Perez Fobes (1742-1812), professor of natural philosophy and vice-president of the College in 1786, was born in Bridgewater, Massachusetts, on September 21, 1742, one of twelve children. He showed an early disposition to piety and study, but suffered from poor health. He taught school and graduated from Harvard in 1762. He was licensed to preach, and on November 19, 1766 was ordained as pastor of a Congregational church in Raynham, Massachusetts, where he remained for the rest of his life. When President Manning was elected representative to Congress, Fobes was appointed to oversee the College from June 1 to September 1, 1786. Later in the year he was named professor of natural philosophy, replacing Joseph Brown, who had died in 1785. On August 1, 1791, four days after the death of Manning, Fobes was requested by the Corporation to “attend the College from this time ’till Commencement to supervise the instruction of the Students & perform prayers &c.” The efficacy of his prayer is recorded in The Ministry of Taunton by Samuel Hopkins Emery:
“On one occasion while officiating at the evening devotions of the College chapel, there came up suddenly a terrific thunder storm. During the time of prayer an awful clap of thunder startled the students assembled there. While the aspect of terror and dismay sat upon every countenance, Doctor Fobes calmly paused a moment, and then caught the inspiration of the occasion, and went into a strain of devotion so appropriate, so sublime, and impressive, that every heart present was melted into penitence ...”On the subject of Fobes’s scientific inclinations, Emery wrote, “Following the dictates of his taste for the sciences, he procured the Air Pump, the Electrical Machine, and a valuable Philosophical Apparatus. ... Astronomy was his favorite study. He devoted to it a large part of his leisure hours. He constructed an Orrery, illustrating the motions of the heavenly bodies in a manner that attracted much attention, and greatly interested the friends of science. ... Botany also engaged his attention. He formed and cultivated a small Botanical Garden. ...” Fobes also gave public lectures. According to a printed announcement dated June 24, 1790:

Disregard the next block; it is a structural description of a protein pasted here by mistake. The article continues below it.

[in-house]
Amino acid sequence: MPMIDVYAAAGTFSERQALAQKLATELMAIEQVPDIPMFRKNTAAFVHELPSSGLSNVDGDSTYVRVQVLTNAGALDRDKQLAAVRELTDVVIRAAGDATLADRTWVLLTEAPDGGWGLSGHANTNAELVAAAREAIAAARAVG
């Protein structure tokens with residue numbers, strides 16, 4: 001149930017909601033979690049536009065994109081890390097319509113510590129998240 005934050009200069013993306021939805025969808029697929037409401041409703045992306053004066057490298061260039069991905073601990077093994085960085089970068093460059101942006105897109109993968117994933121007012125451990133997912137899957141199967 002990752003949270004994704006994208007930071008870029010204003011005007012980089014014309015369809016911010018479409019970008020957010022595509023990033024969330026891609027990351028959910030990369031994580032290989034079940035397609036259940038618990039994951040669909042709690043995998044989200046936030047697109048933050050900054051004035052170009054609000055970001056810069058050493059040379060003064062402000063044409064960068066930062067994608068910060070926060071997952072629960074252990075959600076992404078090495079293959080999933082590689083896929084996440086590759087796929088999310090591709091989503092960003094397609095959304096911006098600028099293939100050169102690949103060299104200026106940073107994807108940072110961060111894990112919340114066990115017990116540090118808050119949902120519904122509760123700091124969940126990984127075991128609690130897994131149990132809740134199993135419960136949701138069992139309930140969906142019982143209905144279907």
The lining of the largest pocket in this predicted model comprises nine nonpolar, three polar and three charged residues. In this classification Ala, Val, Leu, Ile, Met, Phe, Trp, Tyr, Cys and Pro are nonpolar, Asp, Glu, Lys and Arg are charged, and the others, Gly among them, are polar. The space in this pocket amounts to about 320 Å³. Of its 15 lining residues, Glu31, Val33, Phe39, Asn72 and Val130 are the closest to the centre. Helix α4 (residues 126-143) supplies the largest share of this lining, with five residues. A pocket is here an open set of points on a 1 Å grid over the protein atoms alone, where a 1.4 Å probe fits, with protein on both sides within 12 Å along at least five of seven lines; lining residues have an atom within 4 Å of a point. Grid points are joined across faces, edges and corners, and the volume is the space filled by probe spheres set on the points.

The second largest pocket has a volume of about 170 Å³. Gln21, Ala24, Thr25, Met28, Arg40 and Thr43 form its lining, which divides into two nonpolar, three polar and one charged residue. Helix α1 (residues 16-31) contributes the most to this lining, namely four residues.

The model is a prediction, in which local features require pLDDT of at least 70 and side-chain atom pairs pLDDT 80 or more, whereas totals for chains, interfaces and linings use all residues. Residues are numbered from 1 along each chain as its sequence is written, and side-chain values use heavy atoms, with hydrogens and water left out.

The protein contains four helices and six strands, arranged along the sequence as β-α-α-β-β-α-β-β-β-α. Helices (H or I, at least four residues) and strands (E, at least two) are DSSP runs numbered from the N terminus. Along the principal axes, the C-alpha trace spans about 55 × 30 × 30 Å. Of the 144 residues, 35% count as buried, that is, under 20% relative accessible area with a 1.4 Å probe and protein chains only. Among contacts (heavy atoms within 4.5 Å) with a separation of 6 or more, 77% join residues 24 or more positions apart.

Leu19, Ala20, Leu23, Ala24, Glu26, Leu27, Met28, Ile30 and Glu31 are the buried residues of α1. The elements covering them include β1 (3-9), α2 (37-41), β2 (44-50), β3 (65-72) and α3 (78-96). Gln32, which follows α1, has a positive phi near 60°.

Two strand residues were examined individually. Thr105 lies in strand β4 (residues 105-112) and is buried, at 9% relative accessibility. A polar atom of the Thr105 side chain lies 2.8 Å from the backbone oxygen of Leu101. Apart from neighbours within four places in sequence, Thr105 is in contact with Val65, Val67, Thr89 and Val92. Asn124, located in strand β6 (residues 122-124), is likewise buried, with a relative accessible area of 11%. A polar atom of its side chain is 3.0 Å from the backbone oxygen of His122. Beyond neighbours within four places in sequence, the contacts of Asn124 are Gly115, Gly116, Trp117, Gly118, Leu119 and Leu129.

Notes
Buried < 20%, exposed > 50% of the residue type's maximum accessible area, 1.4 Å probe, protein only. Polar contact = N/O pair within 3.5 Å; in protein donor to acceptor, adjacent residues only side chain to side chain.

“Peres Fobes, Professor of Natural and Experimental Philosophy in Rhode-Island College, proposes to exhibit a COURSE of LECTURES upon NATURAL PHILOSOPHY and ASTRONOMY ... illustrated by a Variety of curious and entertaining Experiments. ... The Course will consist of Twelve Lectures, two or three to be exhibited per Week, at the Philosophy-Room in College. The Price Twelve Shillings for the whole course, or One Shilling and Three Pence for a single Lecture.”Fobes allowed the College the benefit of the scientific apparatus which he owned while he was a professor, and on resigning in 1798 left behind the instruments, for the use of which the College paid him fifty dollars a year. In 1796 he was placed in charge of Bristol Academy in Massachusetts, where he encouraged students to come to the College. He died on February 23, 1812.